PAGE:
DETROIT — A limping, grimacing Ryan Donato, ice bag on his swollen left foot, had a tougher time finding the Kraken’s postgame podium than he had the back of the other team’s net in this one.

And that about summed up a topsy-turvy Wednesday night of momentum swings, turnovers, called-back goals and puck luck for both sides that ended with the Kraken gutting out a tough point in a 4-3 shootout loss to the Detroit Red Wings. It was a tying third-period goal by Donato with 5:44 to play, his second of the night just minutes after leaving the ice in pain from blocking a shot with his foot, that enabled the Kraken to steal their first such point this season and end their East Coast swing at 2-1-1.

“I think it’s great,” Donato said, between periodic winces, of the first shootout in franchise history. “We definitely battled.”

It wasn’t an easy first visit to an Original Six market, the Kraken missing top point-getter Jaden Schwartz and leading goal-scorer Jordan Eberle because of lower-body injuries suffered in Monday’s win over Buffalo. So they threw some makeshift lines together at Little Caesars Arena, took a while to get them going, then used Donato’s goal on a snap shot from the right circle to send the game to a 3-on-3 overtime.

After a scoreless five-minute overtime session, the best-of-three shootout followed and Joonas Donskoi scored on a somewhat chancy breakaway deke on the Kraken’s third and final try. That tied the session 1-1 and forced a bonus round, where Adam Erne scored for Detroit and Alex Wennberg fired wide for the Kraken to end the game.

Vince Dunn scored the other Kraken goal in regulation to go with Donato’s pair, while Lucas Raymond, Vladislav Namestiknov and Robby Fabbri countered for the Red Wings. Donato’s tying goal came after Raymond had scored a go-ahead marker earlier in the third off a Kraken turnover, firing a turnaround wrist shot that beat Philipp Grubauer.

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Donato admitted the team wasn’t entirely satisfied with the point, given some of the timely miscues.

“I think we’re happy we got to a point where we did get a point,” Donato said. “But at the end of the day we should do everything we can to win in regulation and not be happy with not finding total success. I think we could have and we just made a few mistakes.”

Some things, however, did go the Kraken’s way.

Just two minutes after an early Kraken goal was waved off when Mason Appleton was ruled to have bumped into Red Wings goalie Thomas Greiss, Raymond appeared to beat Grubauer short side from a bad angle. But Kraken coach Dave Hakstol got the goal overturned with the first successful challenge in franchise history, arguing the play was offside at the blue line based on a recommendation from team video analysts Tim Ohashi and Brady Morgan.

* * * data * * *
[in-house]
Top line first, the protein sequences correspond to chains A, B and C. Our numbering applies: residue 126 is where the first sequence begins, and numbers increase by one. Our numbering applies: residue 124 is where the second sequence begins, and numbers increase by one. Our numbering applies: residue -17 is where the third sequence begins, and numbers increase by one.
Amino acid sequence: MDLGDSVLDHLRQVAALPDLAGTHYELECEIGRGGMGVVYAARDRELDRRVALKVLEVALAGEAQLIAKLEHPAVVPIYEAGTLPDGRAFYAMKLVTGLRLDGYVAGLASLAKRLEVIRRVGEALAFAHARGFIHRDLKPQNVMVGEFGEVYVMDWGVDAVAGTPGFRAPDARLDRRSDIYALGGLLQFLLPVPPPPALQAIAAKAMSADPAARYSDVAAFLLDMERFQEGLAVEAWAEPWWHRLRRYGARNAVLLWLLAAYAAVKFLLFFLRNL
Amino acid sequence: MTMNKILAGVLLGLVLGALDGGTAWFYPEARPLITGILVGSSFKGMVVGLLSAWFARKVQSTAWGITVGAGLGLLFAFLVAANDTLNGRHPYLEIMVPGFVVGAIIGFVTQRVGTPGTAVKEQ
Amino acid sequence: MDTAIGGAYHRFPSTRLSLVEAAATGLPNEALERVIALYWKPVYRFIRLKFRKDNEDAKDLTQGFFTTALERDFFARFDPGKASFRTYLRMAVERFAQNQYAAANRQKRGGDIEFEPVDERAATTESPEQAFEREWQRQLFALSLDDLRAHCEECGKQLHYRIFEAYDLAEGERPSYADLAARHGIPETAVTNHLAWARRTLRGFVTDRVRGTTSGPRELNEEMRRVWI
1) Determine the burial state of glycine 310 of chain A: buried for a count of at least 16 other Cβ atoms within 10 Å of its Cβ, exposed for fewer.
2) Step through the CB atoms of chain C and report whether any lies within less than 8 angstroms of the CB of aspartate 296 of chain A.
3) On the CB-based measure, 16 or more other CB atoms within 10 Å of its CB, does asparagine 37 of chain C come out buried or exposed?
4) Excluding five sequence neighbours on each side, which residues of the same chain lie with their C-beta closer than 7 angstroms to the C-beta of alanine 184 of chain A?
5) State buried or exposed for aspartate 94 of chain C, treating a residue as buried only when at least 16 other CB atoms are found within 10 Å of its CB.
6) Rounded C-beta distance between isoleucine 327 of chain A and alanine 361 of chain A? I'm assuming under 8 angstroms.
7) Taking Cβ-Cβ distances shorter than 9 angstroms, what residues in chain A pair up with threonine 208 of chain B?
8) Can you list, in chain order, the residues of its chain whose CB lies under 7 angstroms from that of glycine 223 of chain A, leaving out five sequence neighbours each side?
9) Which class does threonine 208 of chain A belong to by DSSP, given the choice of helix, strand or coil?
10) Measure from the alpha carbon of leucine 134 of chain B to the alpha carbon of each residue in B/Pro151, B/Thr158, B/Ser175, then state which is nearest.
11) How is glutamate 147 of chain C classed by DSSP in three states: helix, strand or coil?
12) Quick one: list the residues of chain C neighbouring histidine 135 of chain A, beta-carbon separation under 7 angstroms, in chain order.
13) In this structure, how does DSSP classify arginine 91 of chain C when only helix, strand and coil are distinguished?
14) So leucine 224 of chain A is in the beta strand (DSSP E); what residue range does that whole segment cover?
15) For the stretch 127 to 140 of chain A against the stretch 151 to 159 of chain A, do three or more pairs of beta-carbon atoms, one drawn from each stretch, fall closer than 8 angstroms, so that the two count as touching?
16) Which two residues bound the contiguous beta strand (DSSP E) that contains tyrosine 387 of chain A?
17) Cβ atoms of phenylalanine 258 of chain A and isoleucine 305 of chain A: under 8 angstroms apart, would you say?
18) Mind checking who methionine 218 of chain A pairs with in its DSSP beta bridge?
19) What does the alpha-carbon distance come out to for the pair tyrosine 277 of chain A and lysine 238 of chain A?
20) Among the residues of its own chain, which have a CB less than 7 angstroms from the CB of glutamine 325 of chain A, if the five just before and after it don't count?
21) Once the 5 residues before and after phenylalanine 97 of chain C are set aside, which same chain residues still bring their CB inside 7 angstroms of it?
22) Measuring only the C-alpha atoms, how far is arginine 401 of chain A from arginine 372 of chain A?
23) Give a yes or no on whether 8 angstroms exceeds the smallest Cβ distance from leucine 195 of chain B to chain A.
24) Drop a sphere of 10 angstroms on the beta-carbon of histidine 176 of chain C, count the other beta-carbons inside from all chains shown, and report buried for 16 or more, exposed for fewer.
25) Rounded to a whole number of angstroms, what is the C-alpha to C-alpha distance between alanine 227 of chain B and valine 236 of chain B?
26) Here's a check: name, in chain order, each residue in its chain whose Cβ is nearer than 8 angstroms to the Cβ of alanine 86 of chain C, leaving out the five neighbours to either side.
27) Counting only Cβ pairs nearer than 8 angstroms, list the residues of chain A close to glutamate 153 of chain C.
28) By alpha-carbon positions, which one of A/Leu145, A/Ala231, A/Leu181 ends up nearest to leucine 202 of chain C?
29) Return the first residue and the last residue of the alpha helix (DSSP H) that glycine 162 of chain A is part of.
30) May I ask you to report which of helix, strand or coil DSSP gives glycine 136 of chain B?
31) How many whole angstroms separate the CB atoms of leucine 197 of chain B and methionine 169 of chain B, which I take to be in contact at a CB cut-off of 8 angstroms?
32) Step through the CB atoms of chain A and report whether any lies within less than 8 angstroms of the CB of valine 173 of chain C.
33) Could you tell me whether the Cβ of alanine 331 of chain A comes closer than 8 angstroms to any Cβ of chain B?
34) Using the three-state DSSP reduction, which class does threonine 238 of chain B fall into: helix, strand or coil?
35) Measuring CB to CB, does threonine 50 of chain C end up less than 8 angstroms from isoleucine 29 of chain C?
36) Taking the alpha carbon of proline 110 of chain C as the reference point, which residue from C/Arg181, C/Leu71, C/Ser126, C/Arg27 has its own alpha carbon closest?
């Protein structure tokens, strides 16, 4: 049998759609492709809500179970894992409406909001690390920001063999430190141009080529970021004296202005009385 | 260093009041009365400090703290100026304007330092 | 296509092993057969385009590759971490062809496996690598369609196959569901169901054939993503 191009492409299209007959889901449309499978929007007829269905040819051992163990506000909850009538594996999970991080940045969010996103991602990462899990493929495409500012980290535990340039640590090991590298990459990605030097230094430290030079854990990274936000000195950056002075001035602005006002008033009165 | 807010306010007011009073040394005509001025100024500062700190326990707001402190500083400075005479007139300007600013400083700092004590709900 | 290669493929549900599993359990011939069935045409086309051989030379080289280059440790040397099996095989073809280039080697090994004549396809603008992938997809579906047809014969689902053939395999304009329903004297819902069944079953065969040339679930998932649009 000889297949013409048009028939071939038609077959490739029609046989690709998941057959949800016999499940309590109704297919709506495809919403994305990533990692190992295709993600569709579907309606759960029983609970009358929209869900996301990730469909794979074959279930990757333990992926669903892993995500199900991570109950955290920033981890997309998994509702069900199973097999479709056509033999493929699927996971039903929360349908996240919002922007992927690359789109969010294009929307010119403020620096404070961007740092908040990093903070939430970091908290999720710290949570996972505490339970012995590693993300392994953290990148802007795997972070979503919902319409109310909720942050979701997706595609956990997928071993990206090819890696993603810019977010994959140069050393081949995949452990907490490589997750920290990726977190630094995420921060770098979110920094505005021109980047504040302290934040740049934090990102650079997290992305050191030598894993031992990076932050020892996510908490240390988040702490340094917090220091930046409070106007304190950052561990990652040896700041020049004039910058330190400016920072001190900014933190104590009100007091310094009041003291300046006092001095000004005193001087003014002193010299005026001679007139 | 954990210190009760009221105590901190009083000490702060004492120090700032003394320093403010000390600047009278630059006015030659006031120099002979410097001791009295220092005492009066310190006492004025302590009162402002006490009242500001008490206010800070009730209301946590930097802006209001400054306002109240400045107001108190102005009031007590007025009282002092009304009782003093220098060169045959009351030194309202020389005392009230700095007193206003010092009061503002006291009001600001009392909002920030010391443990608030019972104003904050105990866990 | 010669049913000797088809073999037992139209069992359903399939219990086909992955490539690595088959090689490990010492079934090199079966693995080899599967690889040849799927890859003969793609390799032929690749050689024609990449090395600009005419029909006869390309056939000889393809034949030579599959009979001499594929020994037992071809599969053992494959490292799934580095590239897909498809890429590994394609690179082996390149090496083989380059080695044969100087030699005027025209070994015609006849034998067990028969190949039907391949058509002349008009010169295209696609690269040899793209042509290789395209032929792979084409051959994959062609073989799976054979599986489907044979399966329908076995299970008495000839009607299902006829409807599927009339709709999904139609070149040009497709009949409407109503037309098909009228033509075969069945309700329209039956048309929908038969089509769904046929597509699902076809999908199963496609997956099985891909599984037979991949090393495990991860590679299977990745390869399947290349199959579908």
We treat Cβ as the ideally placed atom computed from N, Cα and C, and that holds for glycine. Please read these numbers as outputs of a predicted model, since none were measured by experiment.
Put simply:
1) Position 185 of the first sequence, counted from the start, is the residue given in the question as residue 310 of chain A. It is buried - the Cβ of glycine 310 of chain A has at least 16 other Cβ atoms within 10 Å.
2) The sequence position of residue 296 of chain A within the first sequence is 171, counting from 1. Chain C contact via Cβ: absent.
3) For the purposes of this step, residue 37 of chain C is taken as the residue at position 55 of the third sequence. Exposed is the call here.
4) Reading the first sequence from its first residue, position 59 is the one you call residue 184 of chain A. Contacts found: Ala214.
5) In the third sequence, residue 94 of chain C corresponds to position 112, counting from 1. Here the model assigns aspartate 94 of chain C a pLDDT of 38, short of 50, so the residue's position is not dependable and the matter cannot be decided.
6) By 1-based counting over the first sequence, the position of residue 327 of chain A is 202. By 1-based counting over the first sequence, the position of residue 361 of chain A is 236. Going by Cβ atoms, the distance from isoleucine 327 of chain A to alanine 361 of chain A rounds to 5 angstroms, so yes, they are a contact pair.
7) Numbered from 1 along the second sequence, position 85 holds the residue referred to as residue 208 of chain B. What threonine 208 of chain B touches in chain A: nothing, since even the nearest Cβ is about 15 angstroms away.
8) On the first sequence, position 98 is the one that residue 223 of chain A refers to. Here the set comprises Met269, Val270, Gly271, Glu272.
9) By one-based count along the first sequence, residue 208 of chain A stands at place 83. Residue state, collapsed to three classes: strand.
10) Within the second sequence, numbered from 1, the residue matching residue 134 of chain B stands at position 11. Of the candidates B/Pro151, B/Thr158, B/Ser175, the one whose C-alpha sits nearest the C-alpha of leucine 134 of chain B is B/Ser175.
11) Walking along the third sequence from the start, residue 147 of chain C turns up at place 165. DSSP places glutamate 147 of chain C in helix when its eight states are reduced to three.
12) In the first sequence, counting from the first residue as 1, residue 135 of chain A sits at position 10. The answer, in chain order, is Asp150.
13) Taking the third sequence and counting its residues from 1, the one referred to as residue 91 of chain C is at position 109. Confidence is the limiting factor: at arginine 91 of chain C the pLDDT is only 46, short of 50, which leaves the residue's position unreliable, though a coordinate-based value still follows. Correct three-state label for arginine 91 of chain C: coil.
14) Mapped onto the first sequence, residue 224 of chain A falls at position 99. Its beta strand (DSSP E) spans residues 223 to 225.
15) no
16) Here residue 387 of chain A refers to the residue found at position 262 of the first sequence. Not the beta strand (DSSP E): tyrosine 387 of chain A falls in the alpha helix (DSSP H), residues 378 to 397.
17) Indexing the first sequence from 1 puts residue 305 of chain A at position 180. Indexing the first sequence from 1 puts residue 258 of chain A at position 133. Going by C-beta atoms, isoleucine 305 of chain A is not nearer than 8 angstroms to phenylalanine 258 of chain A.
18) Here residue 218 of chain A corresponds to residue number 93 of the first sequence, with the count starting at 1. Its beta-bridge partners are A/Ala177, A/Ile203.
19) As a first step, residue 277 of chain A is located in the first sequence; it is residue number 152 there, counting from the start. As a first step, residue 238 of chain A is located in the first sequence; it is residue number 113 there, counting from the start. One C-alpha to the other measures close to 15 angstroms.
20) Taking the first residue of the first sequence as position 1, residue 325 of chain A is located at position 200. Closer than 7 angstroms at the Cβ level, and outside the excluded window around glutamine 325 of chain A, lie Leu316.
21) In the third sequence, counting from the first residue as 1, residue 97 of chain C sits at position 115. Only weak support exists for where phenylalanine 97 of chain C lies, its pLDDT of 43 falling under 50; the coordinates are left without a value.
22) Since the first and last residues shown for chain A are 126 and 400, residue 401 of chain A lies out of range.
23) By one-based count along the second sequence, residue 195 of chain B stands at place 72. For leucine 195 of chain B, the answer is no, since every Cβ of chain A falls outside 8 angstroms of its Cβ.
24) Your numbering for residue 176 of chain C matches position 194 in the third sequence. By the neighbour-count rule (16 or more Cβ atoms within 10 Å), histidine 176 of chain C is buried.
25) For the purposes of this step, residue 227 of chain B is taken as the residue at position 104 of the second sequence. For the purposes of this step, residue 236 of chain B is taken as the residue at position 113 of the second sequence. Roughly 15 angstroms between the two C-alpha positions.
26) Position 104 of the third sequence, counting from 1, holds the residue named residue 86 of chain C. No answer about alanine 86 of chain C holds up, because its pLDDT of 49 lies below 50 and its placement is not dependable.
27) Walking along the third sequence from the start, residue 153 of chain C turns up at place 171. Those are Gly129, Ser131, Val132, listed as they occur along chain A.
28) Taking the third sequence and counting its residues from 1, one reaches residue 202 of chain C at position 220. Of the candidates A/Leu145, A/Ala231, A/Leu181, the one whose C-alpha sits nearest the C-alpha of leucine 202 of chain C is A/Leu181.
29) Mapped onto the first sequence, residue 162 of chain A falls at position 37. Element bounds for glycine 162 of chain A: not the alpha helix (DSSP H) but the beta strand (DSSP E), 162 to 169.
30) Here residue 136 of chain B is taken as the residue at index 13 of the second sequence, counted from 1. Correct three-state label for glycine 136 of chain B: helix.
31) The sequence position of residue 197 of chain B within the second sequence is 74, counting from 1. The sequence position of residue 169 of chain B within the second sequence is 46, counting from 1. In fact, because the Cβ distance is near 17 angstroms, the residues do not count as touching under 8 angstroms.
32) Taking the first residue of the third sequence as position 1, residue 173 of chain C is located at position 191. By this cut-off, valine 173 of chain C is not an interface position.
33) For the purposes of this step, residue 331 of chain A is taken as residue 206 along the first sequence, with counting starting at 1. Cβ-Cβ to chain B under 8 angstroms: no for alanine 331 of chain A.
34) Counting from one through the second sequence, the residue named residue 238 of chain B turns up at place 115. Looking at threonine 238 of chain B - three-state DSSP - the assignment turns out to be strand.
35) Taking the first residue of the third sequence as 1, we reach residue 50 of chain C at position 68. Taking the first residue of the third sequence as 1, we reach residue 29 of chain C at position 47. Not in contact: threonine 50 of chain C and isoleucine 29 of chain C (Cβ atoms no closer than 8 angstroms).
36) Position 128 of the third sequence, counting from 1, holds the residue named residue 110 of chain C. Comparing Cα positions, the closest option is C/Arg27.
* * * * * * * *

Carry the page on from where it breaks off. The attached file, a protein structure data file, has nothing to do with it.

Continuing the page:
After the Red Wings scored on the power play early in the second period, the Kraken got a man advantage of their own, and it was Marcus Johansson feeding Dunn with a pass in the high slot. The defenseman fired a perfect wrist shot through a screen to tie the score.

The Kraken then briefly took the lead that frame when Detroit defenseman Jordan Oesterle fell down in his zone. Donskoi pounced on the loose puck, then passed it to Yanni Gourde, who found Donato alone on the left side for an easy shot into a partially vacated net.

“He played great for us,” Gourde said of Donato. “Not only did he score two goals for us, but he won his battles along the wall in the D-zone. In the O-zone you can rely on him to win those 50/50 battles, and he did a tremendous job tonight of doing that.”

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Gourde had generated the Kraken’s best overtime chance by winning a puck battle in the offensive zone, outmuscling a defender to the net and nearly jamming it home behind Greiss. He said the team’s mentality hasn’t changed in the absence of Schwartz and Eberle and added that it must battle like it did to pick up critical extra points it missed earlier this season.

“We can do that every single night,” Gourde said. “That should be our standard. We kind of set that up on this road trip. That is the standard for this team. We’re going to go out there and battle every single game, and that’s going to give us a chance to win games and get points.”

Hakstol also liked the competitive level, despite mistakes he’d like to rectify. The Kraken nearly entered the second intermission with the lead but allowed a late goal that tied it 2-2 after Namestiknov got a shot off through traffic and beat a partially screened Grubauer.

Hakstol knows he’ll be down some regulars for a bit and that goaltender Grubauer will handle the bulk of games with Chris Driedger on injured reserve. But he liked the way his players never stopped pushing, especially on Donato’s tying goal.

“It’s maybe one notch on the stat sheet for a shot block but he had a helluva shot block before he scored a goal,” Hakstol said. “And those kinds of things are real important. He’s probably going to need an ice bag or two, but his compete level and his ability to go out and push through and produce at the right time was really good.”

And with top players down, Hakstol said it’s now up to players such as Donato to step up and make more of expanded roles and opportunities.

“We obviously wanted the extra point tonight, so I think we’re all disappointed about that,” he said. “But it’s also a valuable point that we gained. We earned a point tonight. And we did that throughout the road trip.”